Glucose-regulated protein 75 determines ER–mitochondrial coupling and sensitivity to oxidative stress in neuronal cells

Birgit Honrath, Isabell Metz, Nadia Bendridi, Jennifer Rieusset, Carsten Culmsee, Amalia Mihalea Dolga

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The crosstalk between different organelles allows for the exchange of proteins, lipids and ions. Endoplasmic reticulum (ER) and mitochondria are physically linked and signal through the mitochondria-associated membrane (MAM) to regulate the transfer of Ca2+ from ER stores into the mitochondrial matrix, thereby affecting mitochondrial function and intracellular Ca2+ homeostasis. The chaperone glucose-regulated protein 75 (GRP75) is a key protein expressed at the MAM interface which regulates ER-mitochondrial Ca2+ transfer. Previous studies revealed that modulation of GRP75 expression largely affected mitochondrial integrity and vulnerability to cell death. In the present study, we show that genetic ablation of GRP75, by weakening ER-mitochondrial junctions, provided protection against mitochondrial dysfunction and cell death in a model of glutamate-induced oxidative stress. Interestingly, GRP75 silencing attenuated both cytosolic and mitochondrial Ca2+ overload in conditions of oxidative stress, blocked the formation of reactive oxygen species and preserved mitochondrial respiration. These data revealed a major role for GRP75 in regulating mitochondrial function, Ca2+ and redox homeostasis. In line, GRP75 overexpression enhanced oxidative cell death induced by glutamate. Overall, our findings suggest weakening ER-mitochondrial connectivity by GRP75 inhibition as a novel protective approach in paradigms of oxidative stress in neuronal cells.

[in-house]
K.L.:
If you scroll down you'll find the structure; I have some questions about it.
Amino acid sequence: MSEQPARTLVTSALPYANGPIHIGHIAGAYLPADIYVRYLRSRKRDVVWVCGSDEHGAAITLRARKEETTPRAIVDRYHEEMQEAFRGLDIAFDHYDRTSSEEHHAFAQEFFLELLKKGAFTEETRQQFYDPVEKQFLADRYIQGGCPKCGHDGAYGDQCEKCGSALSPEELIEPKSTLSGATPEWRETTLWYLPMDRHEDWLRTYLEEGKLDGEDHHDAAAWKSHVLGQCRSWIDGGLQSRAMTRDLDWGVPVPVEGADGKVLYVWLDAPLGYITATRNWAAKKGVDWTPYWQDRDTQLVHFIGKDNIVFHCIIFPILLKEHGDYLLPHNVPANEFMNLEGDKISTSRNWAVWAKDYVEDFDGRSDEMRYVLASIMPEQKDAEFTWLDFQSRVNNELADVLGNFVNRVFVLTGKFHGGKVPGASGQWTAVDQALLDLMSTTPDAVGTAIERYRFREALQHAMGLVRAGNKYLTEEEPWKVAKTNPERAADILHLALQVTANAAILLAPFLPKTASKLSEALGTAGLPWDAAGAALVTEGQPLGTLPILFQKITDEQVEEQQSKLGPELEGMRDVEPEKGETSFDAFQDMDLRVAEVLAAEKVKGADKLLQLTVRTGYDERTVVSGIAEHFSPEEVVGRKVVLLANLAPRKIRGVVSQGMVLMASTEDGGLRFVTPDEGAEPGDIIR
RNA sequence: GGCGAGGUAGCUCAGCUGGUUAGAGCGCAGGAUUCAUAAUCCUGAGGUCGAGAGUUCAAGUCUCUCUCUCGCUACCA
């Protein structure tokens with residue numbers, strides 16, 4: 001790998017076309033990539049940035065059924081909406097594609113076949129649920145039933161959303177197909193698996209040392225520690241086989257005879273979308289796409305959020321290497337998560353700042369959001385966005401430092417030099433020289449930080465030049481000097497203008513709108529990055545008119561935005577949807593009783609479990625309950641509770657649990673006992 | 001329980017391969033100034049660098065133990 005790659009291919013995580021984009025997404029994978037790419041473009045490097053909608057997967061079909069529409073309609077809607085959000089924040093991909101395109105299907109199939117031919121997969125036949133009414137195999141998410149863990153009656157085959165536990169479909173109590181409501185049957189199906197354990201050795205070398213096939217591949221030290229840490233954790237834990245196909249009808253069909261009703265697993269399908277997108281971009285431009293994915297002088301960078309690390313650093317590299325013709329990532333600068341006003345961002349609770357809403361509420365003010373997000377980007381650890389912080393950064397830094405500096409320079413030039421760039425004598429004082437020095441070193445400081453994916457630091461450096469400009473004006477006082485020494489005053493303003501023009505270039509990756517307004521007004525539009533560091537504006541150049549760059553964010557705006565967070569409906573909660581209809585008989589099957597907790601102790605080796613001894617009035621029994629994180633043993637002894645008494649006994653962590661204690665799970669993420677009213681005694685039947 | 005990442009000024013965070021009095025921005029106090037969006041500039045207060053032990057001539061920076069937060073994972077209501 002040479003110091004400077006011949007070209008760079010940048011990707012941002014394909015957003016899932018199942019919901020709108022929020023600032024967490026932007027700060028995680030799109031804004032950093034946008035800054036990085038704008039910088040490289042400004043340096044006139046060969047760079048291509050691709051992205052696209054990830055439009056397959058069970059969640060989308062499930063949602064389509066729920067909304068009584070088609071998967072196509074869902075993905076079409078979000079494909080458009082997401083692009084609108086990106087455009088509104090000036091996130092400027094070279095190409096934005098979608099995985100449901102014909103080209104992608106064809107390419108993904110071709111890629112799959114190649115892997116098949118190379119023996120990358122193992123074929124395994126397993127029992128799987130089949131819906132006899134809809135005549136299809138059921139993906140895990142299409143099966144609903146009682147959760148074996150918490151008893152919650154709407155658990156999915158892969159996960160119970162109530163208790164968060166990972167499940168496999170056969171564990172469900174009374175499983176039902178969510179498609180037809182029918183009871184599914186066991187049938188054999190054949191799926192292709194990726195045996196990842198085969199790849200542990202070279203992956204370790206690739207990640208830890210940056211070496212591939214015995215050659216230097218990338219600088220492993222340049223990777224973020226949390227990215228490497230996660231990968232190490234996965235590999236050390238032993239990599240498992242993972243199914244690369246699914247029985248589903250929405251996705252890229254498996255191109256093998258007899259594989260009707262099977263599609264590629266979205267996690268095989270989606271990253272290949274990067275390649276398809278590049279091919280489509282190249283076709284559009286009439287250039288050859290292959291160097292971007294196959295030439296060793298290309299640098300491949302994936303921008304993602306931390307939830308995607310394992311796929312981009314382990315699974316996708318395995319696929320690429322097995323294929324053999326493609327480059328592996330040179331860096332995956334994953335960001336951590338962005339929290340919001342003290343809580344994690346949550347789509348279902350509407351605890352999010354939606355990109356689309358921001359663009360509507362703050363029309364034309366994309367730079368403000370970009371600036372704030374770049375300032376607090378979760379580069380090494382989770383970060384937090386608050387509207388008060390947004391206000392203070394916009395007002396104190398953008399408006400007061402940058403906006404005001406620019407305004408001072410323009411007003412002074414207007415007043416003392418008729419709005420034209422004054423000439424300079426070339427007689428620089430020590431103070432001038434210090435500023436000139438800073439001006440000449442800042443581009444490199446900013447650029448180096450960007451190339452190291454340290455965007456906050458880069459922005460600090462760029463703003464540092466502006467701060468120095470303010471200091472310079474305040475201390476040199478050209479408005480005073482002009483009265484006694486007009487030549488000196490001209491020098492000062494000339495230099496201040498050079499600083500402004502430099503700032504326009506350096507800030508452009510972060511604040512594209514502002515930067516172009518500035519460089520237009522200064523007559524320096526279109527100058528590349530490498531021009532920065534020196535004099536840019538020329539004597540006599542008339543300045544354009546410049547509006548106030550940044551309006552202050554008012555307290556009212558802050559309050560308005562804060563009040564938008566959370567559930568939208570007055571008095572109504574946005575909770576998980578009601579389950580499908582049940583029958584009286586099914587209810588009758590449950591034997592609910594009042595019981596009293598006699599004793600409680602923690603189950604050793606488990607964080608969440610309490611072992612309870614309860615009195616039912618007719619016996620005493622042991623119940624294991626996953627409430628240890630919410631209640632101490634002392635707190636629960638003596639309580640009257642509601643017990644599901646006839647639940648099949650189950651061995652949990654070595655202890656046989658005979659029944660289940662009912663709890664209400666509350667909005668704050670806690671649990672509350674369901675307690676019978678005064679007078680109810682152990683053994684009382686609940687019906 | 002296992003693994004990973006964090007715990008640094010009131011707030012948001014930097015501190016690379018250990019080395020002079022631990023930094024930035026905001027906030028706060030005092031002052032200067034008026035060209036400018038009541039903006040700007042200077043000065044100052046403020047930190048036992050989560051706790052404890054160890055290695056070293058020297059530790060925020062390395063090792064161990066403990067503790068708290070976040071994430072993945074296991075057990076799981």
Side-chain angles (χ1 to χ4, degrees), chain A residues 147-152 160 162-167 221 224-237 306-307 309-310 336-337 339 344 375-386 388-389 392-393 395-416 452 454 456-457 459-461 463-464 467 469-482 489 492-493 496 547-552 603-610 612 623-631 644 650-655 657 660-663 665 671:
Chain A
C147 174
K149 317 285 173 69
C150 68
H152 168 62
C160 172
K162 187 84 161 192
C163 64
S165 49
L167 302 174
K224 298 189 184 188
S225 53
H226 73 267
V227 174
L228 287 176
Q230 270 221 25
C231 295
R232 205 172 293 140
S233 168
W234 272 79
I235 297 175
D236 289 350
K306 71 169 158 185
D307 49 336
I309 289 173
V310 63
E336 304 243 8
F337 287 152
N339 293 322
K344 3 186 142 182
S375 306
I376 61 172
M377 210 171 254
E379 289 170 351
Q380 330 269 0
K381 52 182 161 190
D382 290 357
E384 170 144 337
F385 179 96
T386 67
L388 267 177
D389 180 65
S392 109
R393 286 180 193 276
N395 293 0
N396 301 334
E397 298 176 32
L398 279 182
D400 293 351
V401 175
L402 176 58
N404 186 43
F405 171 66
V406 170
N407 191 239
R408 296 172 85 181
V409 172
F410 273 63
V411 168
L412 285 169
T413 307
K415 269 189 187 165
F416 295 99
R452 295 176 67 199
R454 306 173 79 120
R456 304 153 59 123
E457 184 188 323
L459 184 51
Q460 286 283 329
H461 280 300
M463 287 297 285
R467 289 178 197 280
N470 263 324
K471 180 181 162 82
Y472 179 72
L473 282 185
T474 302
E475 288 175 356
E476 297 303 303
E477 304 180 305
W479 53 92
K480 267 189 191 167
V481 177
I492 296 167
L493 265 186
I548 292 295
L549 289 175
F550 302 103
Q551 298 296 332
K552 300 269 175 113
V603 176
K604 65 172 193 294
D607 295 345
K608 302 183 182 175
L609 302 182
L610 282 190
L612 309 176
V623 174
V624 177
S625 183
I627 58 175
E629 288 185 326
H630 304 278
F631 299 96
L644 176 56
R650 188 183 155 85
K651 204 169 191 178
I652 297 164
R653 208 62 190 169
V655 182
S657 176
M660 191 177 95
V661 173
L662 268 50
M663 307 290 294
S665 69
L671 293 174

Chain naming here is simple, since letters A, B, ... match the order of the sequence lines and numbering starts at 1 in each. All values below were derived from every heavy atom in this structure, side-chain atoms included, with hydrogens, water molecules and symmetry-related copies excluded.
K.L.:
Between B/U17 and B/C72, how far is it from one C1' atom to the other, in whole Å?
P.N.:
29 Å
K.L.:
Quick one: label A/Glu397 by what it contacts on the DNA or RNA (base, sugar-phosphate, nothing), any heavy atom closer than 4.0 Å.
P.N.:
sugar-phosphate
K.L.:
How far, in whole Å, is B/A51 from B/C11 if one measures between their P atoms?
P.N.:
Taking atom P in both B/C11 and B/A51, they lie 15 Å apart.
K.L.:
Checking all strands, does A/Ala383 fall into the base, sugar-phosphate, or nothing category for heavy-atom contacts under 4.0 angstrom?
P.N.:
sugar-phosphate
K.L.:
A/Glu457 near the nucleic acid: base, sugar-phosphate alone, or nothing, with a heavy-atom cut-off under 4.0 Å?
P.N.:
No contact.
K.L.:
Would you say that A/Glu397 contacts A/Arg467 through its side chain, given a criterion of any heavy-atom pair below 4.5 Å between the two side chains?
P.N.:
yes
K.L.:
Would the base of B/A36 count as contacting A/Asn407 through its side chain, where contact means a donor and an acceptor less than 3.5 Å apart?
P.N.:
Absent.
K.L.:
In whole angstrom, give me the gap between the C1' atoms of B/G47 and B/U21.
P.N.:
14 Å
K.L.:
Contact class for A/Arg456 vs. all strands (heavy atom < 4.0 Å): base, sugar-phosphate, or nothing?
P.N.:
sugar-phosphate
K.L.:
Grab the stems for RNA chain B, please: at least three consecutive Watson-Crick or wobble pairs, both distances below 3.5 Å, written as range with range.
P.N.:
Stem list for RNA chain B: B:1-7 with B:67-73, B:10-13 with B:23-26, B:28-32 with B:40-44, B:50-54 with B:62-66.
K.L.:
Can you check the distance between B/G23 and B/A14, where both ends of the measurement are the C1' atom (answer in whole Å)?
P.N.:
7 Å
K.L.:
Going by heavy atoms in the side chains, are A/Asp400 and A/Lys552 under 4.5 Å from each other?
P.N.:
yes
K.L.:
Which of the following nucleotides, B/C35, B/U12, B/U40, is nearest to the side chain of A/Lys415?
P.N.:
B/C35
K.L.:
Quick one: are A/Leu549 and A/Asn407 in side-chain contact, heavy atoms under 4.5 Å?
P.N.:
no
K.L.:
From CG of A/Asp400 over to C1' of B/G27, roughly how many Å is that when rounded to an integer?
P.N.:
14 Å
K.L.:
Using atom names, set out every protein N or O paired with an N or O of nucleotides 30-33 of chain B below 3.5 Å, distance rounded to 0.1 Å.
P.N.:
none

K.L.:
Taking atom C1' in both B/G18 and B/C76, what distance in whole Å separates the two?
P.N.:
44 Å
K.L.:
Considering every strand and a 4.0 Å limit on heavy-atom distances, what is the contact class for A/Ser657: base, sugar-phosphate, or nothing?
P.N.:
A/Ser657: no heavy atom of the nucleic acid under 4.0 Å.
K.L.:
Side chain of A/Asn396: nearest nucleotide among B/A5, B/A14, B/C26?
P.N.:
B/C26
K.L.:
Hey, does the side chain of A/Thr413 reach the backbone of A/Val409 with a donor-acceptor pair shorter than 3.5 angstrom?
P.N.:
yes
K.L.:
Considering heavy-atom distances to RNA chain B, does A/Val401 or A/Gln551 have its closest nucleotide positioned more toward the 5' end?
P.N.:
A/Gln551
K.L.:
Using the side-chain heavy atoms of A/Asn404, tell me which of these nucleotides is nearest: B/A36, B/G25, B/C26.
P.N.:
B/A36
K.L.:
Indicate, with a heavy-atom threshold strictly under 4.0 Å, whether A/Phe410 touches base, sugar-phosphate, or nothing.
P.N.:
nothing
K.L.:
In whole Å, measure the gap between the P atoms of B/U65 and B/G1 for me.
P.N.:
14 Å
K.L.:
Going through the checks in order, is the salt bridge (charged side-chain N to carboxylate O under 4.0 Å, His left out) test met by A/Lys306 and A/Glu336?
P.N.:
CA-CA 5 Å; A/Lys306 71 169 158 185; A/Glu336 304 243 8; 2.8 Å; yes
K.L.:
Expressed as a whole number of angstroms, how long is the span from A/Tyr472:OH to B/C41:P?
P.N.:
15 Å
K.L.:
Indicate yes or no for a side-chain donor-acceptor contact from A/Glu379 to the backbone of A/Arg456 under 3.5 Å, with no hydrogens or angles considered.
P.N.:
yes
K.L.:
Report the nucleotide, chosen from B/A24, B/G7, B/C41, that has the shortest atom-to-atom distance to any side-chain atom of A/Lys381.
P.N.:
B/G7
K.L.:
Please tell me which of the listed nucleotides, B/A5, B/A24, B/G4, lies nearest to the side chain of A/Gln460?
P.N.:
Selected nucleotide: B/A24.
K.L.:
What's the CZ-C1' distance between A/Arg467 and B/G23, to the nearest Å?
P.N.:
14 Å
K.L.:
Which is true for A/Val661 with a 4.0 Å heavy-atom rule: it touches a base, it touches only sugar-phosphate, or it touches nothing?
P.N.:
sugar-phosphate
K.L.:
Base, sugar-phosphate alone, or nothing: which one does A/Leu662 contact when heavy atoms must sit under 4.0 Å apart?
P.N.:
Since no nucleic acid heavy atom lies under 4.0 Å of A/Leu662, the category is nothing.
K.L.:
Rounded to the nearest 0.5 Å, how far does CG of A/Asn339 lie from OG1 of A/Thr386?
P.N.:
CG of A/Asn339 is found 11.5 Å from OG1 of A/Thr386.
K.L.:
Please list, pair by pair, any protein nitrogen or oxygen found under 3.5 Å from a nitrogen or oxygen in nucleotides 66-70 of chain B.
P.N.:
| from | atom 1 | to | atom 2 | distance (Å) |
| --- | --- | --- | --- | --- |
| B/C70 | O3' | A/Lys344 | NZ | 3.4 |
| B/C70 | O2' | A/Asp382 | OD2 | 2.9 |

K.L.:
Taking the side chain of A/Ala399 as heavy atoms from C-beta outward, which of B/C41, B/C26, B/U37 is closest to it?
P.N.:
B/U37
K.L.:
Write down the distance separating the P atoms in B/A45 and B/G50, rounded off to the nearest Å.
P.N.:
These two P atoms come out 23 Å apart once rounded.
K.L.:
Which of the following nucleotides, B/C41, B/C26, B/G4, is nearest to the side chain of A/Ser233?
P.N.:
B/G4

Original languageEnglish
Article number17076
Number of pages13
JournalCell Death and Discovery
Publication statusPublished - 6-Nov-2017


  • Journal Article

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